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Self-exiled economist re-elected to Sberbank board

Self-exiled economist re-elected to Sberbank board
Renowned economist Sergey Guriev, who fled Russia over a month ago in fear of legal prosecution, has been re-elected to the Lenders Board at the country’s largest bank.

A correspondent of Vedomosti tweeted 'Guriev has been elected to the Supervisory Board of Sberbank’ at 2:31am Moscow Standard Time today.

According to the Vedomosti correspondent, Guriev received more votes than current Sberbank President German Gref. The board consists of 17 members, who heavily dictate the development strategy of the bank.

Igor Kondrashov, director of Sberbank’s legal department, explained that the bank can challenge the vote, but they have not yet decided to.

The former rector of the New Economic School in Moscow says he won’t be back in Russia in the ‘foreseeable future’. Guriev's name remained on the Sberbank ballot, even though the economist withdrew his candidacy on May 27, just days before the news broke he fled Russia.

"I won’t go back even if there is a small chance of losing my freedom,” the Financial Times quoted Guriev. “I have not done anything wrong and do not want to live in fear.”

Guriev will now be a visiting professor in the economics department at the Institut d’Etudes Politiques in Paris, France. He delivered his first lecture on Thursday, the same day the Russia's New Economic School accepted his resignation as rector, a post he has held since 2004.

The New Economic School is being investigated for receiving funds from imprisoned oil tycoon, Mikhail Khodorkovsky. The opponent of President Putin is currently serving an 11 year sentence.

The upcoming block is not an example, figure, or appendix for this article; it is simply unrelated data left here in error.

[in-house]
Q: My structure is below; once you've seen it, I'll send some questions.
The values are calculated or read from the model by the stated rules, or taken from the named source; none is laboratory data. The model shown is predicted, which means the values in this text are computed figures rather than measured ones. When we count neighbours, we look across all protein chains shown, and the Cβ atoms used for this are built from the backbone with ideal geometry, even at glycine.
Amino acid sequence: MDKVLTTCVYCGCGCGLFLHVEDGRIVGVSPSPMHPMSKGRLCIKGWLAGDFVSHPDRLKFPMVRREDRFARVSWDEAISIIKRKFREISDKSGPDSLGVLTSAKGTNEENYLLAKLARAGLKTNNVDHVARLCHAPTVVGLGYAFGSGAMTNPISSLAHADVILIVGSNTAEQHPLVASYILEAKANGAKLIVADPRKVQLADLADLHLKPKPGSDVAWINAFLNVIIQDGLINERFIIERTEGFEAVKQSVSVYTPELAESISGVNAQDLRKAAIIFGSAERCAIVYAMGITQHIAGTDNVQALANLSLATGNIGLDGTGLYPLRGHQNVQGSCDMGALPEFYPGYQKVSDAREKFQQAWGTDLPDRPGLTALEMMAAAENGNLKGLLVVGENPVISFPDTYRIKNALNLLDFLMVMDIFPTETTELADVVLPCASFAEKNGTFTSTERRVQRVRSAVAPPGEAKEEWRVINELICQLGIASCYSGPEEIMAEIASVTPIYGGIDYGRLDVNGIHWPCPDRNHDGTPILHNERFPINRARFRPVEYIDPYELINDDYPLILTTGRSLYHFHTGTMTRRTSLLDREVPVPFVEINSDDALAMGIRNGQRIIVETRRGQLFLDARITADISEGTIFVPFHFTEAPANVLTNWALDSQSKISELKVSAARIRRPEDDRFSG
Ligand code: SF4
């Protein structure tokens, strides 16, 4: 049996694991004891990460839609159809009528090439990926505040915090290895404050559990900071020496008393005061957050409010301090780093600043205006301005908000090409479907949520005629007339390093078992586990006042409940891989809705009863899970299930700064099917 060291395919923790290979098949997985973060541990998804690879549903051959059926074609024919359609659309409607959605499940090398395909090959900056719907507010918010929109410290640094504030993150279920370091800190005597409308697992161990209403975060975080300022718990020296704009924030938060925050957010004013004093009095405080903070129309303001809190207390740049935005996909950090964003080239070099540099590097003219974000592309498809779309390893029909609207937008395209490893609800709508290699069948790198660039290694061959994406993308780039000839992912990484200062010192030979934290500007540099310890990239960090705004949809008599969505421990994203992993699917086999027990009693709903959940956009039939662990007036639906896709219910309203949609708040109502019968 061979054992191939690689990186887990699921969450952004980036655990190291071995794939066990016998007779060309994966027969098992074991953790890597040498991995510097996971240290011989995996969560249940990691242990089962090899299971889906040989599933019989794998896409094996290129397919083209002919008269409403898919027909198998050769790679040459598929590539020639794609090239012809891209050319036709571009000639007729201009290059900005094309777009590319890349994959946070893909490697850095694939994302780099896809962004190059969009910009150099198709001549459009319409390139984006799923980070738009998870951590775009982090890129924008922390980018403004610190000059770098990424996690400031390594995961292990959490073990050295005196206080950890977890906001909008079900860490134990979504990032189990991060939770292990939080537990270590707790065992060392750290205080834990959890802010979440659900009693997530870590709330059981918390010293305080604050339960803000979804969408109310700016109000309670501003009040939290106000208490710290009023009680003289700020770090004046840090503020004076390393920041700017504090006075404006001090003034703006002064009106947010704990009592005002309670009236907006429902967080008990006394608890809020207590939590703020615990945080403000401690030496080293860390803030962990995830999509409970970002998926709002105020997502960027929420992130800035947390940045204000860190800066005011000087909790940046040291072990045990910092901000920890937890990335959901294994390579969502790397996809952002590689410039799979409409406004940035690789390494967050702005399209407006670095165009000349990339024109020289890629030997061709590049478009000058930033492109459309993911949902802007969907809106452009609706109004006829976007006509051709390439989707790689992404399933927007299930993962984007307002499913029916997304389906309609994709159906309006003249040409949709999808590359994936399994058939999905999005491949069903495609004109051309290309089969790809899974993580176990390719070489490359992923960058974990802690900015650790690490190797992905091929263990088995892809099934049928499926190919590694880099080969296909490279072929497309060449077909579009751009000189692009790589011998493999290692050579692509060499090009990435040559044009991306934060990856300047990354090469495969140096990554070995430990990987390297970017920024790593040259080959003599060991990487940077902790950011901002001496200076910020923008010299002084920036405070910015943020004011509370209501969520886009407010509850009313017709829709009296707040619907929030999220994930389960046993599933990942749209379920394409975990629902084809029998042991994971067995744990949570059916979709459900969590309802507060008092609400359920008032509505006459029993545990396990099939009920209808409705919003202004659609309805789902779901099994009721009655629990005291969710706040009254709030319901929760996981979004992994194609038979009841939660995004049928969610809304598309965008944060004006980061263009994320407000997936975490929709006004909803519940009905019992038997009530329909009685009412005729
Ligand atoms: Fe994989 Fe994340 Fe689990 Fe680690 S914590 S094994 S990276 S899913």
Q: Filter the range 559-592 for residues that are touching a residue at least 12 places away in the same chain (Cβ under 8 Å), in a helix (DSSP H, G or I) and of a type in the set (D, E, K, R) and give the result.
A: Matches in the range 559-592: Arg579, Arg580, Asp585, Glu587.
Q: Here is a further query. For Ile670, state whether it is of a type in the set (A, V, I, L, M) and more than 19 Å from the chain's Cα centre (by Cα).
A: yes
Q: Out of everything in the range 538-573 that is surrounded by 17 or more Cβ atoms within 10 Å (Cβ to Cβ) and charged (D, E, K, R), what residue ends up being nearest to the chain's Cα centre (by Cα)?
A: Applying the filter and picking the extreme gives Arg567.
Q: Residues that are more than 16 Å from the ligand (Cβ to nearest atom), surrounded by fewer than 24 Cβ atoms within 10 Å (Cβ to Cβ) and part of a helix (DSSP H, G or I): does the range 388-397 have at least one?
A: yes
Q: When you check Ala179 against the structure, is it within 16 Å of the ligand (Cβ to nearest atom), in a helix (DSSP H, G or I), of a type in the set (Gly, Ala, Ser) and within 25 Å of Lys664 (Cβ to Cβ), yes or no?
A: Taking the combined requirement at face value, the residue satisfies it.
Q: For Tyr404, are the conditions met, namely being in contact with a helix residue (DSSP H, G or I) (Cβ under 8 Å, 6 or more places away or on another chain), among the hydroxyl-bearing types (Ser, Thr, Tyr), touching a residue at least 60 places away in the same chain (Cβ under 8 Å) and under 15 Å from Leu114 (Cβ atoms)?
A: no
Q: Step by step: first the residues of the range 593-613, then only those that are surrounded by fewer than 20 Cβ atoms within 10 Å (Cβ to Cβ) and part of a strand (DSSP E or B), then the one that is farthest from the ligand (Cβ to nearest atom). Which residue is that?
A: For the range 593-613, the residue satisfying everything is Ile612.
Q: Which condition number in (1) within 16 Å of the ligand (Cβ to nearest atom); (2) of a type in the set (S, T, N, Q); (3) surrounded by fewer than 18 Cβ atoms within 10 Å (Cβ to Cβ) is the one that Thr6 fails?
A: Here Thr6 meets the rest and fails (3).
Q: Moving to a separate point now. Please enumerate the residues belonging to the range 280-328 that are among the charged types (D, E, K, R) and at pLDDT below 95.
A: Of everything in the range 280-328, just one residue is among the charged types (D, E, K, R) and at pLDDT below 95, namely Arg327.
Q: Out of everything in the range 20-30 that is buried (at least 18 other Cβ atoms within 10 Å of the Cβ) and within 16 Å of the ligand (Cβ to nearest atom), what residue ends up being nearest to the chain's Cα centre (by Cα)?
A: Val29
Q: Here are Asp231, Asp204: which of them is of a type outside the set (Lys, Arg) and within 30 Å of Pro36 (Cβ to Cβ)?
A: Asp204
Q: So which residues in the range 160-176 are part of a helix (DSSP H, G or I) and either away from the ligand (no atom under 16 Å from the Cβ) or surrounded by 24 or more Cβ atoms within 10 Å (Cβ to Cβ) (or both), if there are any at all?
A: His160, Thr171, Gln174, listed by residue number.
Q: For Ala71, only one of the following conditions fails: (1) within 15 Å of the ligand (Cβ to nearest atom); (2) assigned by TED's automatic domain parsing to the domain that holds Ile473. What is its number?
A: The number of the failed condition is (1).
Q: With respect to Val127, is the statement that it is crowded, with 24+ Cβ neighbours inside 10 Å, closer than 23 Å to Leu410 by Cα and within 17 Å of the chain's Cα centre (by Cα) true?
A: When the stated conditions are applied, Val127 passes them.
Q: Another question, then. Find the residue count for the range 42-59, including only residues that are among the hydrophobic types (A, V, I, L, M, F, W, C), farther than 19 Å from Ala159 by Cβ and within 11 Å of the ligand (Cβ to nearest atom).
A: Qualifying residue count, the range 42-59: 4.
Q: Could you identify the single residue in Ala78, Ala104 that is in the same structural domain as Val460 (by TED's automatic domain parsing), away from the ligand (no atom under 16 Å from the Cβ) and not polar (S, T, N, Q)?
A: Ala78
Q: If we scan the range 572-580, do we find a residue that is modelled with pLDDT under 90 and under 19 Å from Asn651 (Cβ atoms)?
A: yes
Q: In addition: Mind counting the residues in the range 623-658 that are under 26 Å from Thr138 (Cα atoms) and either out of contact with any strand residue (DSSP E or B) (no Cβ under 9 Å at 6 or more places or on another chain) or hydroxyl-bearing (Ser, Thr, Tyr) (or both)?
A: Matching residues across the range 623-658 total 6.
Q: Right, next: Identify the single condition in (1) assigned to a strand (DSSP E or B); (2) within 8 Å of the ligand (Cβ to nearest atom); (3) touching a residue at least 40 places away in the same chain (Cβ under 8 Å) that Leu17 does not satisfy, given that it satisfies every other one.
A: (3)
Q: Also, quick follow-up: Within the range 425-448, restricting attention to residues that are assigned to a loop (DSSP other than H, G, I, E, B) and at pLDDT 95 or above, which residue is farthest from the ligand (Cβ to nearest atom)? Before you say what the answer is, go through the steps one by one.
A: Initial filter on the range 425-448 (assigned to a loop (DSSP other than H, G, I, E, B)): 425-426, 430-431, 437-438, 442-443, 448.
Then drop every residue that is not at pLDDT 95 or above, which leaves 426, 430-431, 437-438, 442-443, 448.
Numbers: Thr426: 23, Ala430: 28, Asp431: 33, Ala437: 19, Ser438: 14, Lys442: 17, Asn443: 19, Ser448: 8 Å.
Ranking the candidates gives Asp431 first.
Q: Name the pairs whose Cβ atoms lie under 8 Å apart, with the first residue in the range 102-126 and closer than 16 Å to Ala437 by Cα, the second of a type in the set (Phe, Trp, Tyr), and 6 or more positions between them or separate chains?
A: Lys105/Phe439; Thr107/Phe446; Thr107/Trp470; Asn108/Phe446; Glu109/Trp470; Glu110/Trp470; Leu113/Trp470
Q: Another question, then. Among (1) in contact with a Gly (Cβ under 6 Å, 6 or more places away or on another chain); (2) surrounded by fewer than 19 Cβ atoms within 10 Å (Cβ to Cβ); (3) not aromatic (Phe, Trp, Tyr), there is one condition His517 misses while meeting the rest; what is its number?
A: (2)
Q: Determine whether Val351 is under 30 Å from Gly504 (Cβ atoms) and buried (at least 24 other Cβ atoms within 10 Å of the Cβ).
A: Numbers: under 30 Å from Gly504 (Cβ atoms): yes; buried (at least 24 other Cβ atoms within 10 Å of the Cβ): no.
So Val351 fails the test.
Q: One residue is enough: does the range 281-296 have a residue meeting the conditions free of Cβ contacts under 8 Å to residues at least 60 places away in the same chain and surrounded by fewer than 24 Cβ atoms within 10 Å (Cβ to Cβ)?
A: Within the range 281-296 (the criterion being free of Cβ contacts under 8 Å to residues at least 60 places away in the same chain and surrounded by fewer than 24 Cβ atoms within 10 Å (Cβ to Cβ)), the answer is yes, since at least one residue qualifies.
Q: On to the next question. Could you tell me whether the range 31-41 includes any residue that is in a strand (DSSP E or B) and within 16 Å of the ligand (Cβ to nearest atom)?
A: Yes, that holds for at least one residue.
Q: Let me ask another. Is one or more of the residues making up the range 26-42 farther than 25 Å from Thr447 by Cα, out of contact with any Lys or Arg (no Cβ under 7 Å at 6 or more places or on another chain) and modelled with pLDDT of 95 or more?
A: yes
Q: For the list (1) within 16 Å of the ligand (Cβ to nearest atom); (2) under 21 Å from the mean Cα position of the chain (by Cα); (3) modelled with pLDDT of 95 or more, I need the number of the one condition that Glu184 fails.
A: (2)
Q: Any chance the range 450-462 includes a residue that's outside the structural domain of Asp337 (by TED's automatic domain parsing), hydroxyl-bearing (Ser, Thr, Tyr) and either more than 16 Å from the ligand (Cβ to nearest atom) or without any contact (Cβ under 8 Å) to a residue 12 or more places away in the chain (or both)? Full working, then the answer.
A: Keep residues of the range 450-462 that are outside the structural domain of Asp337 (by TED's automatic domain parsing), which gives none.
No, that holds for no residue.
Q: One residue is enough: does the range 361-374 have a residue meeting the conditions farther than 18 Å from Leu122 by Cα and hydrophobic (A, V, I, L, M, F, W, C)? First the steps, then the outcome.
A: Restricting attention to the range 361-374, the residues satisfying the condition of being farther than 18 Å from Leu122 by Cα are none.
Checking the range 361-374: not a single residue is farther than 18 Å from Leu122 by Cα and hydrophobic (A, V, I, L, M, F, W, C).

Prosecutors claim Mr. Guriev received money through a fund established by Yukos, Khodorkovsky’s company, a claim the professor flatly denies. 

Guriev said he has been questioned a total of 10 hours on three separate occasions in February and April, and has handed over hundreds of pages of documents and emails, and claims he was being pressured to surrender five years’ worth of emails and to allow searches of his office and home.

Mr. Guriev started to worry he could eventually be named a suspect to the Yukos case, rather than a witness, and deprived of his passport. This would separate him from his family who live in France.

“Better in Paris than in Krasnokamensk,” he wrote on his Facebook page. Krasnokamensk is the city Khodorkosky served part of his prison term from 2005 to 2006.

Prosecutors in the Yukos case have been examining a critical 2011 report, which Mr. Guriev co-authored.

The report on the Khodorkovsky prosecution was ordered by the human rights council of former President Dmitry Medvedev. Having lost power to a newly elected President Vladimir Putin, Medvedev and his liberal–leaning team are now viewed with suspicion as opposition supporters. 

Alexander Kudrin, Russia’s ex-Finance Minister who still keeps close to Putin, expressed his regret at Guriev's sudden departure.

If Sergey Guriev leaves New Economic School and does not return to Russia, that would damage the country’s economic science as well as Russian civil society,” Kudrin said on Twitter.

Some opinions suggest that the runaway economist was being “punished” for his outspoken support of Russian opposition activist Aleksey Navalny, who faces a court case over alleged embezzlement.

Guriev is a member of the Russian government's expert council and a member of the personnel policy council of Moscow City Hall. The Human Rights Council earlier summoned Guriev as an expert on the second Yukos case.